It’s the governor’s fault: Gov. Jay Inslee isn’t to blame for the impasse between the House and Senate. Nor is he responsible for ending it. He is the state’s chief executive. He does share responsibility for ensuring compliance with those court dictates and federal demands. That means he’s no innocent bystander.

It’s Sound Transit’s fault: Isn’t everything Sound Transit’s fault?

It’s kind of our fault: Nearly every one of the 147 men and women serving in the Legislature are there by the choice of voters. None ran on a platform of compromise, concession and voting on whatever gets the Legislature out on time. Rather, some pledged to make wealthy individuals and big businesses shoulder a greater burden of those education and social service costs while others vowed to provide those same guys with greater tax relief. Some lawmakers campaigned on expanding the social safety net and broadening environmental protections while others promised to pursue reforms ensuring the neediest are served and any new rules aren’t too restrictive on the private sector. Conflict is an inevitable byproduct.

Just like special session.

Political reporter Jerry Cornfield’s blog, The Petri Dish, is at heraldnet.com. Contact him at 360-352-8623; jcornfield@heraldnet.com. Twitter: @dospueblos.

More in Opinion

State taxed with the challenge of keeping up with a robust economy

Gov. Inslee: ‘Our revenue system is designed for a Model T economy in an Internet Age’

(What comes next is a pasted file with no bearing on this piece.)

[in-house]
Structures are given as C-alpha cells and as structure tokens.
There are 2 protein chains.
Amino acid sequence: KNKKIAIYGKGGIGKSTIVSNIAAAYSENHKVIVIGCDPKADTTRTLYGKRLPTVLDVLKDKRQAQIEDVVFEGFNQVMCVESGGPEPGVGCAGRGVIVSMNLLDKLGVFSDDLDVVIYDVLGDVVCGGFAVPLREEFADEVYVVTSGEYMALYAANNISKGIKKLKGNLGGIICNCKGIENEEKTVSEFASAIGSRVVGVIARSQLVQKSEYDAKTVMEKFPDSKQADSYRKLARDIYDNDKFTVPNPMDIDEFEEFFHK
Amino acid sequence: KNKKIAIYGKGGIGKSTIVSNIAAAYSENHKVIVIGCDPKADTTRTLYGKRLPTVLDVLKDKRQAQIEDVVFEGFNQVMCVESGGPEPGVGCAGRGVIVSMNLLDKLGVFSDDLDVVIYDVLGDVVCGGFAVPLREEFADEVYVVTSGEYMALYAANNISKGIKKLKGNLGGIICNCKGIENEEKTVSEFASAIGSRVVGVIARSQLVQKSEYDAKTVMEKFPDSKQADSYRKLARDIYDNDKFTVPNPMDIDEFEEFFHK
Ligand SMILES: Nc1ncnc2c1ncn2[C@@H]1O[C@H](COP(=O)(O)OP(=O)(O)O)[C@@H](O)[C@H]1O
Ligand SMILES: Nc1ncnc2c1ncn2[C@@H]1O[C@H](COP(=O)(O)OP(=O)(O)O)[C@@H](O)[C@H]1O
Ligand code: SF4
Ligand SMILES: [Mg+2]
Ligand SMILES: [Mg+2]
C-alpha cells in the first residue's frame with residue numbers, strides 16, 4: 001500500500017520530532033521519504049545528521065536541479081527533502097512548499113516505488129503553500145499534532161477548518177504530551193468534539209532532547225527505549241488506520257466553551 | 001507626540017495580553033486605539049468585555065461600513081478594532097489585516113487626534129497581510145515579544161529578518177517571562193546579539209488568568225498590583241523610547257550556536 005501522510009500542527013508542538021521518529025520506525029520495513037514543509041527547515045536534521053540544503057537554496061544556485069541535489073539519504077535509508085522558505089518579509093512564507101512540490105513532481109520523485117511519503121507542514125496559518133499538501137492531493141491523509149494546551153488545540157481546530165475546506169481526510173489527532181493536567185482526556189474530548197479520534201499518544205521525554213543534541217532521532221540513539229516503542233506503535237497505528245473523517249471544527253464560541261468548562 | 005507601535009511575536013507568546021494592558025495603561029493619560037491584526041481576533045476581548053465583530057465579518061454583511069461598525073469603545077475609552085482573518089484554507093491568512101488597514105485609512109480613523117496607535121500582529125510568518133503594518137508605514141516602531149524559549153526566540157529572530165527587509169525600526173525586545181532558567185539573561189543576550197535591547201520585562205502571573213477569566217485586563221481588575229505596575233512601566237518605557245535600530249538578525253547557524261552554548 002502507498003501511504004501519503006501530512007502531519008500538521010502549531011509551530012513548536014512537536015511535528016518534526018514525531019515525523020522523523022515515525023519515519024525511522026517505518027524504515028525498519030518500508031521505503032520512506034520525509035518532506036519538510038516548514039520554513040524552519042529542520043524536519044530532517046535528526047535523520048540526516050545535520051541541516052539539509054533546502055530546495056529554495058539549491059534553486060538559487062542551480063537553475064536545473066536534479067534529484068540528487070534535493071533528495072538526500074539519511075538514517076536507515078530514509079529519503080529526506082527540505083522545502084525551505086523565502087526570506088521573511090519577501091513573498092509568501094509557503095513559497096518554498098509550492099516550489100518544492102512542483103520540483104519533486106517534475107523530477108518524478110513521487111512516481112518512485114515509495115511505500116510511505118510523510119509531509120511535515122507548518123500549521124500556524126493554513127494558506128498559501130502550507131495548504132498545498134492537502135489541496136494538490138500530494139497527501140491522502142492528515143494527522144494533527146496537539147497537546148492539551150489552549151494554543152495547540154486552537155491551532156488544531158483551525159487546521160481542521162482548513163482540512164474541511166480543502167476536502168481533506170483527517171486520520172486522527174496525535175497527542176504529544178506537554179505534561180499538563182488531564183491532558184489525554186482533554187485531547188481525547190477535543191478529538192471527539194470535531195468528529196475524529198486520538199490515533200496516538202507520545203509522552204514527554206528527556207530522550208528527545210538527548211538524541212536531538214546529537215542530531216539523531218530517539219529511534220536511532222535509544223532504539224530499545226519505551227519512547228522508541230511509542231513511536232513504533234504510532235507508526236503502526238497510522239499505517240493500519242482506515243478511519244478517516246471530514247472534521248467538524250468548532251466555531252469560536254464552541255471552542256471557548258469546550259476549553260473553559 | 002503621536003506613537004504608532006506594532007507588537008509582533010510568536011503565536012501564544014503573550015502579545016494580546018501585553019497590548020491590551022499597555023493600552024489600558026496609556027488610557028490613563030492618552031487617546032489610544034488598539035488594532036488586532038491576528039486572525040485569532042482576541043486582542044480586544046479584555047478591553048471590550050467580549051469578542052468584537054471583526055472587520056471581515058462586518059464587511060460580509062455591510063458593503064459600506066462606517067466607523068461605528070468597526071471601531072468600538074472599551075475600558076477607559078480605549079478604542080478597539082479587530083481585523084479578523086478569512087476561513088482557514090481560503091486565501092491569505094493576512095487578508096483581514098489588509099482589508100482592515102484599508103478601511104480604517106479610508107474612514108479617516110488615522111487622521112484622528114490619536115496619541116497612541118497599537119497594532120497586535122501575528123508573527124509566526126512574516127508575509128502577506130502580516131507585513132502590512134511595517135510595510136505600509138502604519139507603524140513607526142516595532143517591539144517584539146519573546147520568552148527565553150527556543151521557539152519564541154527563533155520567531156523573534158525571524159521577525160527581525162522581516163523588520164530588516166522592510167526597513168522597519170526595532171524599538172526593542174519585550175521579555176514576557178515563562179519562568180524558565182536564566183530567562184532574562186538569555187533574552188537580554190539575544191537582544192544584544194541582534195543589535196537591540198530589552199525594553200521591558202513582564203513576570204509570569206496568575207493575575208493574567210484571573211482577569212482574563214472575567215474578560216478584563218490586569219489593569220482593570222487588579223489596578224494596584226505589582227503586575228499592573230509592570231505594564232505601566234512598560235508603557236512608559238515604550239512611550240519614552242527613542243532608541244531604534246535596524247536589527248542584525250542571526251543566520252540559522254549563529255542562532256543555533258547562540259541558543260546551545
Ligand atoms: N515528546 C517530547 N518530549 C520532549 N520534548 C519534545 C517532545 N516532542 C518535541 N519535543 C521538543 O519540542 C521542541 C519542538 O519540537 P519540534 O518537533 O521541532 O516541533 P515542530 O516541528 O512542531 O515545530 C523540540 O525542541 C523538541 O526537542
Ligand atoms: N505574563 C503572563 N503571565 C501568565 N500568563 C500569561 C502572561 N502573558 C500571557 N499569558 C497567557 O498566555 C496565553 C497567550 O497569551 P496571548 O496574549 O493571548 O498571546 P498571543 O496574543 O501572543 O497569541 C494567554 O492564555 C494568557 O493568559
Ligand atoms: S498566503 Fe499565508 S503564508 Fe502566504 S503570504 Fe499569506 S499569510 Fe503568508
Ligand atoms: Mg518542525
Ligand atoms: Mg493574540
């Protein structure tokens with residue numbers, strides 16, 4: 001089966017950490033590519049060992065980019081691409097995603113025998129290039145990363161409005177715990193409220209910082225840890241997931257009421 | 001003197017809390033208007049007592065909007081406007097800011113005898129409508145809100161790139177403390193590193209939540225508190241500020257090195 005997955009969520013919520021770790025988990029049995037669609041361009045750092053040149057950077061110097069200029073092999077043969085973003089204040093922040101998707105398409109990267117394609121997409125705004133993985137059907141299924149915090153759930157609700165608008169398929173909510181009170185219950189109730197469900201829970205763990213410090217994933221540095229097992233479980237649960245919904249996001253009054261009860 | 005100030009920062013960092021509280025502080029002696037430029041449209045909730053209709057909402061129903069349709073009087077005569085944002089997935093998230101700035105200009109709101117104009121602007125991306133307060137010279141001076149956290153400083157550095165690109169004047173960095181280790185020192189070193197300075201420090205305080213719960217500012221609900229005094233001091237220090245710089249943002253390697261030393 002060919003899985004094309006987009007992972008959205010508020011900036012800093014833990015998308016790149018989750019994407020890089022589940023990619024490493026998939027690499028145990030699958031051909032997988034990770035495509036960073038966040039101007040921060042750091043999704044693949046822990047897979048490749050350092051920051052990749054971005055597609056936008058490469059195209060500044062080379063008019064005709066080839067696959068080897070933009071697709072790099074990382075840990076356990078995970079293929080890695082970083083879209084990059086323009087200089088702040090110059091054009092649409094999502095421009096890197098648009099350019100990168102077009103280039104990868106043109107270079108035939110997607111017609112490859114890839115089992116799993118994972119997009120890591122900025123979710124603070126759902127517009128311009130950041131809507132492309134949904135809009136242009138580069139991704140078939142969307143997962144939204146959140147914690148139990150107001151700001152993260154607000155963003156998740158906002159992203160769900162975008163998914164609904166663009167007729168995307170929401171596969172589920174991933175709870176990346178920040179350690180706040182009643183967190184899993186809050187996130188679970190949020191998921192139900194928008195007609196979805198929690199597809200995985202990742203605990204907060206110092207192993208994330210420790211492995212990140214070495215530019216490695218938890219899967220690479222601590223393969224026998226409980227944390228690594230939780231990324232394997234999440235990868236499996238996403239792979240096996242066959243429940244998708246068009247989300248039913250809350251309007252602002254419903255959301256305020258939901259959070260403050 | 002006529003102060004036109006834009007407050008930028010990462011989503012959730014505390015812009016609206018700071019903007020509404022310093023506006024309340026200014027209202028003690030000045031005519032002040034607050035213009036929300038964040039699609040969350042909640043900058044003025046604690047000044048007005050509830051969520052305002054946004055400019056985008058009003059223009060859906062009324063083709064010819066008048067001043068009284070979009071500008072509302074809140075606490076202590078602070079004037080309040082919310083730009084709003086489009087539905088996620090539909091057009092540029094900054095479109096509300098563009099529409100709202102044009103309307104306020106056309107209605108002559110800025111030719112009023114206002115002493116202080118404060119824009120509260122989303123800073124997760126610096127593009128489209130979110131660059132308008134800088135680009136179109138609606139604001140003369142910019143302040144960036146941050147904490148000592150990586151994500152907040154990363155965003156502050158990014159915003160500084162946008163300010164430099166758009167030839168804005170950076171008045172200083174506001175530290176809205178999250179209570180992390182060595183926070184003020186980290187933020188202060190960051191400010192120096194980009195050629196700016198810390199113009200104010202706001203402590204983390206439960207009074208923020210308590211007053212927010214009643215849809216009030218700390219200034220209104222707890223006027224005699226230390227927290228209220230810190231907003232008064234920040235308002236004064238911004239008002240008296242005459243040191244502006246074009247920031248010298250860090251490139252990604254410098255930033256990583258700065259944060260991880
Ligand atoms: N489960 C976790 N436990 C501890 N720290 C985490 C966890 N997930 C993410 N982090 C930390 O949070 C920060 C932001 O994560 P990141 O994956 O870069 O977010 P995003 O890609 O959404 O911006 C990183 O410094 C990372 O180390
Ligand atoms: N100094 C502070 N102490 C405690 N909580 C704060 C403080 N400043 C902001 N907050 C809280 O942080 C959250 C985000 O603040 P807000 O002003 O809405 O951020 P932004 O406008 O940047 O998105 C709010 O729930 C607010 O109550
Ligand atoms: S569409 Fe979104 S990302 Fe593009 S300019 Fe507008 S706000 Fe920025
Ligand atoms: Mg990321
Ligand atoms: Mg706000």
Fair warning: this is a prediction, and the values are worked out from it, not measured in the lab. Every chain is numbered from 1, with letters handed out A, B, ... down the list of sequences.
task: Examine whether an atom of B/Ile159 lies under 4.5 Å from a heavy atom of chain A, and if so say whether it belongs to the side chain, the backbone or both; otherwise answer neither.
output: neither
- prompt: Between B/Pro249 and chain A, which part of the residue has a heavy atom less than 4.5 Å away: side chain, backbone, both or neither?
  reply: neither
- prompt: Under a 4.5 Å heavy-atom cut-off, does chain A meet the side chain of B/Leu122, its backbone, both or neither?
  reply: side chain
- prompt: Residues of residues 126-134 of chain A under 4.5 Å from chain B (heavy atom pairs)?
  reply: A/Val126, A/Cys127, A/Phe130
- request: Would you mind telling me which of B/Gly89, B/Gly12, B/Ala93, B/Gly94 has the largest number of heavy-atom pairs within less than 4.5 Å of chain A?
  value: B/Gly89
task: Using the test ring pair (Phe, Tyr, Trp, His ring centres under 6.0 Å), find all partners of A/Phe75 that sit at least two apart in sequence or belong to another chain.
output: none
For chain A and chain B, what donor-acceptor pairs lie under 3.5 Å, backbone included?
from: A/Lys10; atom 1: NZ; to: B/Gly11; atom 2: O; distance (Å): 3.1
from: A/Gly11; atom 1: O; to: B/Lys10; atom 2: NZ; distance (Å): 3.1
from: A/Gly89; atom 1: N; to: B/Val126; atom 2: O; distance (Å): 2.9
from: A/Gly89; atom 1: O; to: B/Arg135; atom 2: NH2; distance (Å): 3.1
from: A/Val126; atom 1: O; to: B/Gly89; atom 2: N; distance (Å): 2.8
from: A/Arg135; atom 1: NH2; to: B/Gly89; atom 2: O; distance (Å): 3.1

Carbon fee hurts business and families | Brunell

Reduce pollution in our atmosphere without punishing workers and families

Kavanaugh and the court of public opinion

By Karen Shepherd/For the Auburn Reporter The recent Brett Kavanaugh op-ed by… Continue reading

School is back in session, and KCLS is ready to help

It is fall and a busy time for teachers, students and parents.… Continue reading

Gov. Jay Inslee. REPORTER FILE PHOTO
He’s not on the ballot, but Inslee is campaigning like it

Republicans may find votes in making the election a referendum of the Democratic governor’s agenda

Avoiding trouble tweeting

Think hard before posting an angry, irresponsible or accusatory message

What’s really going on at King County Solid Waste?

Deliberate misrepresentation of facts and opportunities?

Living in an era when emotions, opinions outweigh facts

“In this era of post-truth politics, it’s easy to cherry-pick data and… Continue reading

Lampson beating odds for family-owned businesses

They are the backbone of the American economy

Move forward on water quality standards

In an unfortunate reversal, the U.S. Environmental Protection Agency has decided to… Continue reading

Even with postage paid, voters couldn’t send ballots on time

While those ballots don’t get counted, taxpayers still must pay the Postal Service for delivering them

Their I-940 made the ballot, but not the version they prefer

A much-divided state Supreme Court blew up an unusual compromise when it… Continue reading